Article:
Ever doze off during a particularly boring Sunday homily? You’re probably not alone.

Even Pope Francis, as he ordained 19 men to the priesthood last year, urged priests to make their homilies more engaging.

The pope, who regularly makes headlines with his off-the-cuff daily homilies, told the newbie priests to ensure that “homilies are not boring, that your homilies arrive directly in people’s hearts because they flow from your heart, because what you tell them is what you have in your heart.”

His remarks were just the latest in a string of candid remarks from Catholic leaders about priests needing some help with their homilies.

Studies have found that many Catholics stop attending Mass because of the quality of the homilies, and the US Conference of Catholic Bishops noted as much in a 2012 document, admitting that “a steady diet of tepid or poorly prepared homilies is often cited as a cause for discouragement on the part of laity and even leading some to turn away from the Church.”

So how can priests get better?

The University of Notre Dame thinks it has a solution in the Notre Dame Preaching Academy, an initiative launching later this month that combines online classes from preaching experts, peer-to-peer coaching, and feedback from congregations.

The first cohort of the two-year program includes priests from the school’s religious order, the Congregation of the Holy Cross, as well as priests from Indiana and Kentucky.

“I think it’s widely felt that Catholic preaching is uneven,” said the Rev. Michael E. Connors, director of Notre Dame’s Marten Program in Homiletics and Liturgies, who is overseeing the preaching academy. “You hear this anecdotally everywhere you go. Catholics really are interested in preaching and value good preaching.”

While Notre Dame’s program takes just a couple of dozen participants each year, other online resources are casting a wider net.

Take, for example, ePriest, a website that provides bishops, priests, and deacons customizable templates for Sunday Masses.

Called “homily packs,” the aid provides a lesson, an illustration, and suggested applications based on the three readings from any given Sunday. The templates are then downloaded and ready to go.

But Ryan Foley, executive director of the Georgia-based nonprofit, said they aren’t canned sermons.

“With each homily, we give them a preaching tip for the week so they become better preachers,” he said. “The whole idea is that you would localize it, make it more personable, and deliver it to your audience.”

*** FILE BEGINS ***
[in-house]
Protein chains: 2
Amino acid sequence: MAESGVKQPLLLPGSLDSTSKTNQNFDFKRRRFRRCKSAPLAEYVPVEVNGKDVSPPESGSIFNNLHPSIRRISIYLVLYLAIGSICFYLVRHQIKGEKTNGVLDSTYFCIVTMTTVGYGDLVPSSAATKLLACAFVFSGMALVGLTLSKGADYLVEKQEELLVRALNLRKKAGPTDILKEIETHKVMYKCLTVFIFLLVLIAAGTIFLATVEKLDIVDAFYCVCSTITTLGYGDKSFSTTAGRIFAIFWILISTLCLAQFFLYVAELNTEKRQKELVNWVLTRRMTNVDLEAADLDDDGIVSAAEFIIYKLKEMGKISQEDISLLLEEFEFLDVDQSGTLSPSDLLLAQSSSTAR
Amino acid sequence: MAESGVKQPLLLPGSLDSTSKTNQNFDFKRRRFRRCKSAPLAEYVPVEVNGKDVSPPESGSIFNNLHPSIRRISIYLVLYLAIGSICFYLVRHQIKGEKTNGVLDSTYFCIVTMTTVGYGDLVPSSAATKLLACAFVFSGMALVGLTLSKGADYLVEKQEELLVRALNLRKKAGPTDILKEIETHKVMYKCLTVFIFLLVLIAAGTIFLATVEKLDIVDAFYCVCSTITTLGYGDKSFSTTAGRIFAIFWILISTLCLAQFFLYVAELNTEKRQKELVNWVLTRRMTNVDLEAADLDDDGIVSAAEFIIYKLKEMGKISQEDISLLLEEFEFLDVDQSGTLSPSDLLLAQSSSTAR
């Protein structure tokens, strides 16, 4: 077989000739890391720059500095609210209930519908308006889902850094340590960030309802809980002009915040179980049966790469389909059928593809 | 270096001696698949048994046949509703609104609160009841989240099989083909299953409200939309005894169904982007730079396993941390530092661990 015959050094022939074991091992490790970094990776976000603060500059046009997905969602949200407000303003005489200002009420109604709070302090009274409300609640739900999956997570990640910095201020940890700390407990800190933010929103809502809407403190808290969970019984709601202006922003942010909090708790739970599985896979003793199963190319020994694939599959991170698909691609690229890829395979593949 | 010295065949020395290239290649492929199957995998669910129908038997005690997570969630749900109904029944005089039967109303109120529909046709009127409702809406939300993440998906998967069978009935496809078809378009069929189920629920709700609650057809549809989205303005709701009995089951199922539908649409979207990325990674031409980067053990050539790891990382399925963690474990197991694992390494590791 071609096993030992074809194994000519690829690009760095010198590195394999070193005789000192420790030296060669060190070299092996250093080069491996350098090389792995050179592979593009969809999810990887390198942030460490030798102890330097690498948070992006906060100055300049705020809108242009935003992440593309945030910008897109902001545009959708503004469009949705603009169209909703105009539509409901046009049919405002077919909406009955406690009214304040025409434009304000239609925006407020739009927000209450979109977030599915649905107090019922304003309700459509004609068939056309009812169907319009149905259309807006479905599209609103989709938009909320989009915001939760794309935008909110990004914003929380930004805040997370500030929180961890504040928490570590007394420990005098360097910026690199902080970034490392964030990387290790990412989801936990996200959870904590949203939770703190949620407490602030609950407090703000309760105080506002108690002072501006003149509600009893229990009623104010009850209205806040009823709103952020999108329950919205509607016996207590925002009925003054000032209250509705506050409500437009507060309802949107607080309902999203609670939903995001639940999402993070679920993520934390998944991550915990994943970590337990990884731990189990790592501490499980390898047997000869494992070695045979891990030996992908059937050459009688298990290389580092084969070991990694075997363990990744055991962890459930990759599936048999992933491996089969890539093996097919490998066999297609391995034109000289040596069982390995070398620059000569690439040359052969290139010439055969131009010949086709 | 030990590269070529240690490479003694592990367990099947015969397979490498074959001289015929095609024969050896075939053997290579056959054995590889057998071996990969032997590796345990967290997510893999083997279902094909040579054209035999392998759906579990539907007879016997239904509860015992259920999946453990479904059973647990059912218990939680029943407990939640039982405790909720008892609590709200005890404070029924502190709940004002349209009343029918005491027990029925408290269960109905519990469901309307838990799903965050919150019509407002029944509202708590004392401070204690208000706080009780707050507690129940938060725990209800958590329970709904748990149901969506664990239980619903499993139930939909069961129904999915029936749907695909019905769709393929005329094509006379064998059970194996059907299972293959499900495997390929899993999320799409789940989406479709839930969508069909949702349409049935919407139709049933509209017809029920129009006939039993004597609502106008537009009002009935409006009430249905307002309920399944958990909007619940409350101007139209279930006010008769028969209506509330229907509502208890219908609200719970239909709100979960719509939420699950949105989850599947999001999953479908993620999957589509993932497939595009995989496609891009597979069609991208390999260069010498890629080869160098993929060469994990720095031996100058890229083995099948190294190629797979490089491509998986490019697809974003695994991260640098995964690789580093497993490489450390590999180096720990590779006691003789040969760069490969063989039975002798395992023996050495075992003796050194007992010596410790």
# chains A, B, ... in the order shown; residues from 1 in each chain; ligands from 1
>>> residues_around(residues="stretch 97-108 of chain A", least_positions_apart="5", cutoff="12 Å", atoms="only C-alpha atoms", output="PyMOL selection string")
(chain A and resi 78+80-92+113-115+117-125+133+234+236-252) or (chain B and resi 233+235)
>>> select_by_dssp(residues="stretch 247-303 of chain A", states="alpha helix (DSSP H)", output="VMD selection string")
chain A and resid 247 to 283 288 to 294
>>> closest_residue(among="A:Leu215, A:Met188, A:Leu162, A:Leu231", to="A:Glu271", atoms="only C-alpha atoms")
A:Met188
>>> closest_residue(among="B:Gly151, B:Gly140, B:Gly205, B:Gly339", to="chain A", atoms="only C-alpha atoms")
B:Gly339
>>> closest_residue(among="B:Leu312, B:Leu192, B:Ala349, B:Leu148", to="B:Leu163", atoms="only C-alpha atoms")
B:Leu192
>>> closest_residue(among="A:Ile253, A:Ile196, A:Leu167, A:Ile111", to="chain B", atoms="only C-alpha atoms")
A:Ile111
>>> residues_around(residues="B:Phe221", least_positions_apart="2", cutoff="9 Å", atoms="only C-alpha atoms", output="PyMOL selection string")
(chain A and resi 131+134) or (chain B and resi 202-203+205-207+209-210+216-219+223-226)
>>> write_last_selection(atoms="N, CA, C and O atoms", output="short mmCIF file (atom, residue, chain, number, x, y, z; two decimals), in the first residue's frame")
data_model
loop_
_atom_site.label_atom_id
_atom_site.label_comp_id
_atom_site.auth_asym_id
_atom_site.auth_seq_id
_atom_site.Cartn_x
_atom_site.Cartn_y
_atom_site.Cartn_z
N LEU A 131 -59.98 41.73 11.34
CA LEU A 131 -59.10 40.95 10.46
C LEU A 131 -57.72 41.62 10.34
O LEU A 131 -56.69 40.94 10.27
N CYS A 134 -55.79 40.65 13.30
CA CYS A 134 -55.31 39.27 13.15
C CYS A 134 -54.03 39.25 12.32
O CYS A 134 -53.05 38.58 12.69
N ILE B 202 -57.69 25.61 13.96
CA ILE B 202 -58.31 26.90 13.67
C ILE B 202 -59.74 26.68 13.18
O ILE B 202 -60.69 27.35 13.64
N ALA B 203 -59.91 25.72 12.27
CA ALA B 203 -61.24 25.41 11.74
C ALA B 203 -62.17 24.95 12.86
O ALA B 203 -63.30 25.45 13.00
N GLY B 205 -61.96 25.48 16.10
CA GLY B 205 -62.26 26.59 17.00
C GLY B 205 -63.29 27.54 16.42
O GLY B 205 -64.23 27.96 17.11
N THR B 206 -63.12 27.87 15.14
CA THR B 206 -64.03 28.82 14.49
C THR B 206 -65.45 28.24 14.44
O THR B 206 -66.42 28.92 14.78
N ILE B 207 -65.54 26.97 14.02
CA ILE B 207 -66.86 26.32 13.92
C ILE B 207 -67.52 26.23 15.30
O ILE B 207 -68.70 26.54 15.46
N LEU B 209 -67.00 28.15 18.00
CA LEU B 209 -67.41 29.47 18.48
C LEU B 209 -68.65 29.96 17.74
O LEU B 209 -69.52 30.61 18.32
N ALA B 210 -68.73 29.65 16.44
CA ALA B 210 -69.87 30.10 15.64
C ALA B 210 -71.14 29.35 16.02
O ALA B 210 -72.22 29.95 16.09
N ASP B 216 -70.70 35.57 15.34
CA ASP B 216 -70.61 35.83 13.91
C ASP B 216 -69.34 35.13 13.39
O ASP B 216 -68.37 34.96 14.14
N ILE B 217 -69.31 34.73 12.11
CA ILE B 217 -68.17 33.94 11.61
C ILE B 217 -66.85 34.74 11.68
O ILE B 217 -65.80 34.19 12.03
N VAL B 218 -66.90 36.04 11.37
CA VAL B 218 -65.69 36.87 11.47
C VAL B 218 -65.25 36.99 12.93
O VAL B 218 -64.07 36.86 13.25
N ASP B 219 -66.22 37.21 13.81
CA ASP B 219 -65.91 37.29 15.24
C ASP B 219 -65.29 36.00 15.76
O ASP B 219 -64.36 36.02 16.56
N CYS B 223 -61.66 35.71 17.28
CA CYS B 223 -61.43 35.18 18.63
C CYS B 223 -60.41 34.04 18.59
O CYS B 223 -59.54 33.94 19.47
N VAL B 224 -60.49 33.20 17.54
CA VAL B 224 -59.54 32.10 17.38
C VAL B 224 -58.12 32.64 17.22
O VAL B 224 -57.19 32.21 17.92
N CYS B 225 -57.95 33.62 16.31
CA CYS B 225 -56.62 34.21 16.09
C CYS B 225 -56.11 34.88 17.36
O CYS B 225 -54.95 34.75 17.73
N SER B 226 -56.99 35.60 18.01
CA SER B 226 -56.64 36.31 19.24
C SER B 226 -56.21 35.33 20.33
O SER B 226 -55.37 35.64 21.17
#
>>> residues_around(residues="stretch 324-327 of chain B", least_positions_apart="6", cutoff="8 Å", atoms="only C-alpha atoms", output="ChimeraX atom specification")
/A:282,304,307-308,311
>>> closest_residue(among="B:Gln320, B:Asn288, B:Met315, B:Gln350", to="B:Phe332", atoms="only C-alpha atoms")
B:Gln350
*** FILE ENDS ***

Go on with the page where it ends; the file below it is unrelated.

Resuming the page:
When the site launched in 2006, one of the fears some priests had was that parishioners might discover the homilies they hear weren’t entirely original. But a decade later, and with more than 13,000 active users, Foley said those concerns have largely evaporated.

“Priests all get their ideas from somewhere,” he said. He thinks the bigger issue stems from other priests, who might think using tools such as ePriest indicates laziness or a lack of skill.

But, Foley said, “I don’t think lay people care one bit as long as it’s a great homily. People have to get their information from somewhere.”

Foley said that ePriest plans to launch its own app later this year, which priests will be able to use to collect followers and post homilies, which are then rated by their followers.

While ePriest doesn’t just hand the clergy a canned homily, it’s not difficult to find sites that do (although most don’t appear to be geared to Catholics). There’s CreativePastors, for example, run by a Fellowship Church pastor, which offers sermon transcripts for $10. A Methodist minister started Desperate Preacher in 1996; $39.95 a year gets you sermons and other resources.

And if a priest just doesn’t feel like he’s that good at preaching, maybe he can act like he is anyway.

That’s one approach at Sacred Heart Major Seminary in Detroit, which used a husband-and-wife acting duo to train seminarians on the art of preaching last year, the Detroit Free Press reported.

Arthur Beer and Mary Bremer-Beer worked with the seminarians on the physical aspects of delivering homilies, such as breathing and composure, as well as how to convey various emotions from the pulpit.

“They need to attain vocal variety — in pitch, in volume, in speech, and in emphasis,” Beer told the paper. “You are charismatically commanding them vocally. Your voice has to envelop them, otherwise you’ll never control a congregation.”

Like any skill, practice makes perfect, says Susan McGurgan, who works with men preparing to become deacons at Mount St. Mary Seminary in Cincinnati.

McGurgan said the large number of preaching commitments in the Church — daily Mass, multiple Sunday Masses, weddings, and funerals — means Catholic homilists have to hone their craft constantly, so they welcome help.

“It’s a real art, and it requires a lifelong formation,” she said.

Connors, the Notre Dame priest, agrees.

Ideally, seminaries would train priests to be great preachers, he said. But when that doesn’t happen, the Church must do a better job providing resources for improvement.

“Right now, there just aren’t many of those,” he said.

But he believes even a bad preacher can become someone capable of inspiring parishioners — with a bit of work.

“Sometimes it’s a misunderstanding about what the people in the pew are actually wanting, needing from” a homily, he said. “But there are ways, given the right format, time, and resources, that we could help guys who struggle with preaching to get better.”